Lambert found his own path to family medicine in an unlikely setting. Forrest Robinson, D.O., of Oak Park, Ill., is a pastor at Lambert’s church and became his mentor between his first and second years in medical school. Lambert shadowed Robinson for two months in his suburban clinic through an AAFP Foundation externship program.
“I was mesmerized by how he integrated love for patients, medicine, students and even his Christian faith,” Lambert said. “He is a doctor who isn’t afraid to pray with patients and talk about that spiritual aspect. He’s holistic, comprehensive, smart and also compassionate in a way that I hadn’t seen a doctor practice before, so being with him was inspirational. I thought, ‘I want to do family medicine, and I want to do it like him.’”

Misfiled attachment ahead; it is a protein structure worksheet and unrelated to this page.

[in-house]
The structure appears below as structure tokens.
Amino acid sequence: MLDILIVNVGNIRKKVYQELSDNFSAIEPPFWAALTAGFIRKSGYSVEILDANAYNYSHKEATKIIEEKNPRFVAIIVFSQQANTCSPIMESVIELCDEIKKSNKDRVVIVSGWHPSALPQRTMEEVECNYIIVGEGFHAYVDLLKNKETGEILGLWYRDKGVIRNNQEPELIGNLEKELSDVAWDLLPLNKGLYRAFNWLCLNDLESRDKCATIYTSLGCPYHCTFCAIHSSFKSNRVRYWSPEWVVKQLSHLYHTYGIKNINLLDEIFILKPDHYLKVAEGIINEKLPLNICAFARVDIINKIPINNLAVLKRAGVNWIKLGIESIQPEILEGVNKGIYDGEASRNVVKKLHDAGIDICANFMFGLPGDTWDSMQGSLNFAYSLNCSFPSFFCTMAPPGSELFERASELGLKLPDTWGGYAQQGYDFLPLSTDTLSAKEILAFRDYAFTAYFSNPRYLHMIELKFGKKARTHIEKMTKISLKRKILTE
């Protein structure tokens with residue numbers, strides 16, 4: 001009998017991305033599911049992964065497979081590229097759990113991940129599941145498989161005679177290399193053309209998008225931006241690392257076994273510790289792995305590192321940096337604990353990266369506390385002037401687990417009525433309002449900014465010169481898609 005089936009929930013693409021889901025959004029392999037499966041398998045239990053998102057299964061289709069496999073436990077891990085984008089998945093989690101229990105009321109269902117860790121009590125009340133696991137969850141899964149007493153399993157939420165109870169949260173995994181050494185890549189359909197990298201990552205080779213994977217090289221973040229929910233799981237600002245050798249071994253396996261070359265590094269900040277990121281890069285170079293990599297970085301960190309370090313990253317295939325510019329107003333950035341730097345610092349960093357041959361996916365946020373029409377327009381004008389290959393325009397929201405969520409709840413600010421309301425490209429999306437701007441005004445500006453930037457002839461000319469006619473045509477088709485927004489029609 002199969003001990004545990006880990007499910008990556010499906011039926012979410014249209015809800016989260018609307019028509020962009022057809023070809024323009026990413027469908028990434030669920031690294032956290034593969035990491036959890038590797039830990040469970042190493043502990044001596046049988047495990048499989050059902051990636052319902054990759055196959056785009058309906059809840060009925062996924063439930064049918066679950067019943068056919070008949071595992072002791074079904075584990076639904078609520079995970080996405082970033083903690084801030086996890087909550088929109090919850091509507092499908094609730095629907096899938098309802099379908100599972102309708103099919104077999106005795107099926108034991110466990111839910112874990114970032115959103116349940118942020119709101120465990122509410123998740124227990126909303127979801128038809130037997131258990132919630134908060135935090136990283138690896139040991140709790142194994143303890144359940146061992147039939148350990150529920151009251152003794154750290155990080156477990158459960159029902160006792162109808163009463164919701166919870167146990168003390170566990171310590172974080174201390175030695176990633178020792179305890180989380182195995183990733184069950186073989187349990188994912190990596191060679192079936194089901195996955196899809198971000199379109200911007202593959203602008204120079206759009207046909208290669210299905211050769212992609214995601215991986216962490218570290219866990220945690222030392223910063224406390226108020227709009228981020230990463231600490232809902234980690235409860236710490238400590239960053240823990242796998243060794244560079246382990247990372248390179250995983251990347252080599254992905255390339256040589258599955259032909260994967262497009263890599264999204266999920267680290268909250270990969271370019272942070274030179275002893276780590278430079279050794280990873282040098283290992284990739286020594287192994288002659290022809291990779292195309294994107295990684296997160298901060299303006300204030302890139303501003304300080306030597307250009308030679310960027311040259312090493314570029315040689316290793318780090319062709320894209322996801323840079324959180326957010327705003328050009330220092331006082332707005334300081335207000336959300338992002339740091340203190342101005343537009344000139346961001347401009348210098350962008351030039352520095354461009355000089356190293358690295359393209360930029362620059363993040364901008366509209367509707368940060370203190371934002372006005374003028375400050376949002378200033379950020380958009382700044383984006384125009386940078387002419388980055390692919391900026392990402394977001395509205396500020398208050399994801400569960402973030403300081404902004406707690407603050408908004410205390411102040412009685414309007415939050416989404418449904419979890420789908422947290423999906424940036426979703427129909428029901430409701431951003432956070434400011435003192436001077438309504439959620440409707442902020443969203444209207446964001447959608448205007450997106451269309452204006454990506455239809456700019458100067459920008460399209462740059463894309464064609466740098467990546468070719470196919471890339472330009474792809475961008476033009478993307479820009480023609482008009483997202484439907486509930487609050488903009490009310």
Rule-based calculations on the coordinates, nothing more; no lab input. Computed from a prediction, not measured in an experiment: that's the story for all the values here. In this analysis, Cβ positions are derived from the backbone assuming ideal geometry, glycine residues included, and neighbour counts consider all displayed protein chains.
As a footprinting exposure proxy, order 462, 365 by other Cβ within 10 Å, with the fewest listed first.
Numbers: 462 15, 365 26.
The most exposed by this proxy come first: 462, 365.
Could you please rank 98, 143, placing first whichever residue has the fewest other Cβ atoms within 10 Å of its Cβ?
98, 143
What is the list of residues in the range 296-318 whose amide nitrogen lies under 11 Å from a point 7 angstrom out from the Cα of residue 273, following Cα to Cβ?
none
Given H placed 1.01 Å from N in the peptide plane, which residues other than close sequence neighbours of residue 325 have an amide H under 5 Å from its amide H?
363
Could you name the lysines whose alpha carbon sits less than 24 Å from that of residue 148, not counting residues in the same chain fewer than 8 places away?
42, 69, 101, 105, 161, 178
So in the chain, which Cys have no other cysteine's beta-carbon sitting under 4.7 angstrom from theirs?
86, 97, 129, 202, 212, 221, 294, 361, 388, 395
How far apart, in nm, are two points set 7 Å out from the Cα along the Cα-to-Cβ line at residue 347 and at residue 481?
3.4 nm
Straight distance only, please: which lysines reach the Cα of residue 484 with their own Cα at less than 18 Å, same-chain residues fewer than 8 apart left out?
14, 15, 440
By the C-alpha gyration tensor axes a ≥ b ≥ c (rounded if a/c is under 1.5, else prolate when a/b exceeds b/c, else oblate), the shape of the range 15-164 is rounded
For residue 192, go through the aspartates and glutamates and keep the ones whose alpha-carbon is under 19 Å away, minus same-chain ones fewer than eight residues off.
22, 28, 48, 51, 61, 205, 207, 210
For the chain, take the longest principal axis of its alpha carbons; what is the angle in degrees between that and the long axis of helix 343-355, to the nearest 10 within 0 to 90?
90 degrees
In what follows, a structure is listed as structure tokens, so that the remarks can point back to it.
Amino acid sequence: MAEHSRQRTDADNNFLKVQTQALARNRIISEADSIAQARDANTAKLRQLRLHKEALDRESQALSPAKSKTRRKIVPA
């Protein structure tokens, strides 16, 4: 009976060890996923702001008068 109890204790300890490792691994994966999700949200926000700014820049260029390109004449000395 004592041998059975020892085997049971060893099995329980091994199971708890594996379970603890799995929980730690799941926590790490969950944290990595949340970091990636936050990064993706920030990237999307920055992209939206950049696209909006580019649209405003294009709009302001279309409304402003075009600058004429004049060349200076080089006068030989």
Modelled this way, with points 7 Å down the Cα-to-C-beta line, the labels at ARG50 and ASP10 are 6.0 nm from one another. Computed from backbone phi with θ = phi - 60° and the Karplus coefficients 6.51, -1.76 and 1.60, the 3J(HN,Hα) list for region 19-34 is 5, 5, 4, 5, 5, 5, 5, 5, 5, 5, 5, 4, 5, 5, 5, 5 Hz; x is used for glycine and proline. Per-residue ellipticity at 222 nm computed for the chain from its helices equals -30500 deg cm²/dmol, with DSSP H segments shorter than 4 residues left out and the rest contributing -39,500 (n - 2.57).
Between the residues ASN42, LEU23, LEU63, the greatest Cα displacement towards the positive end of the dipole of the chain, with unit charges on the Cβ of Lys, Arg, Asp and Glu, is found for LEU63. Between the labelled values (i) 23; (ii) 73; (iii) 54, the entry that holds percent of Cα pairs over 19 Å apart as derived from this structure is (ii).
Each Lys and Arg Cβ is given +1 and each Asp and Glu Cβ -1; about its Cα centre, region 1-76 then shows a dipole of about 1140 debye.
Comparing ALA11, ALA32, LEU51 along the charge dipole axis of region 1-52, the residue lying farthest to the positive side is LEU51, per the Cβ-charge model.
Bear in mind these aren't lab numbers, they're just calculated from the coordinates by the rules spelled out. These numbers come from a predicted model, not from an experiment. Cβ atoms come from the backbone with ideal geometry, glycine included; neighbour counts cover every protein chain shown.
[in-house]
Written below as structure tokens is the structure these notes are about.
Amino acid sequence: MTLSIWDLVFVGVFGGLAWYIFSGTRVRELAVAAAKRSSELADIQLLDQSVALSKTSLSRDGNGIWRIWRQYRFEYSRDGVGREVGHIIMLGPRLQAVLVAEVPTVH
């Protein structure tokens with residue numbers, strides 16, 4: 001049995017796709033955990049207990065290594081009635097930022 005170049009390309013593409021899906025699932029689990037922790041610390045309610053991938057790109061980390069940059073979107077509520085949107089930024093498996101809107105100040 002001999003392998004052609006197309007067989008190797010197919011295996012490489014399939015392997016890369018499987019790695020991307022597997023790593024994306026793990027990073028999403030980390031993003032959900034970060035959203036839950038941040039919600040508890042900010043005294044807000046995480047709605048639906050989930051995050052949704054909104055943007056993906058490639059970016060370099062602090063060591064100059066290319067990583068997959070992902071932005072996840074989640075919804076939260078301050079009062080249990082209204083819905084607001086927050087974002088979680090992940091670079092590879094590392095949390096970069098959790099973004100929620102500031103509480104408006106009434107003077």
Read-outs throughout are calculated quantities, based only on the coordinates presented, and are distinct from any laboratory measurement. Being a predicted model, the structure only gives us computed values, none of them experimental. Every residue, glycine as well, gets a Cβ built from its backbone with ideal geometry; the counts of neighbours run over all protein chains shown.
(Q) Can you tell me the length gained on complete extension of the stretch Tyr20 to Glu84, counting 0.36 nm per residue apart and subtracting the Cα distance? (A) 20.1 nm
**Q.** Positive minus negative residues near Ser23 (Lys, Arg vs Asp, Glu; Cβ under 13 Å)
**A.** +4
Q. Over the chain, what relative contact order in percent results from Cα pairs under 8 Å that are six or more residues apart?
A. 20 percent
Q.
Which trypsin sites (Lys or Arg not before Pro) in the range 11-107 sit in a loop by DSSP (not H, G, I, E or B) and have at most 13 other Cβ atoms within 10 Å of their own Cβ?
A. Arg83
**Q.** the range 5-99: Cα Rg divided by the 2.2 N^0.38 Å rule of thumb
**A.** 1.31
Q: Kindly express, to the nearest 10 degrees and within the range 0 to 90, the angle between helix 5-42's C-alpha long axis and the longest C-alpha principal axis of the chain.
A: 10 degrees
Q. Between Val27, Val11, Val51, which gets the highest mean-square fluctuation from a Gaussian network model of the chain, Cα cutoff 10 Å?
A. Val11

It helped that Lambert found a role model who, like him, is a Black man, a demographic that accounts for less than 3% of the U.S. physician workforce. Robinson, whom Lambert still considers a mentor, officiated Lambert’s wedding.
“He’s also a Black male family physician, and it’s unfortunately so rare to see that,” Lambert said, “that I really just clung to him. It was a blessing to cross paths with him and have that sort of relationship.”
Lambert’s family medicine rotation during his third year confirmed his specialty choice.
“I went through my rotations, and everything was cool and interesting,” he said. “But when I got to my family medicine rotation, it felt right — the relationships you have with your patients and the longitudinal aspect of those relationships; knowing units of families, not just random people, and being on a journey with them and seeing their stories unfold.”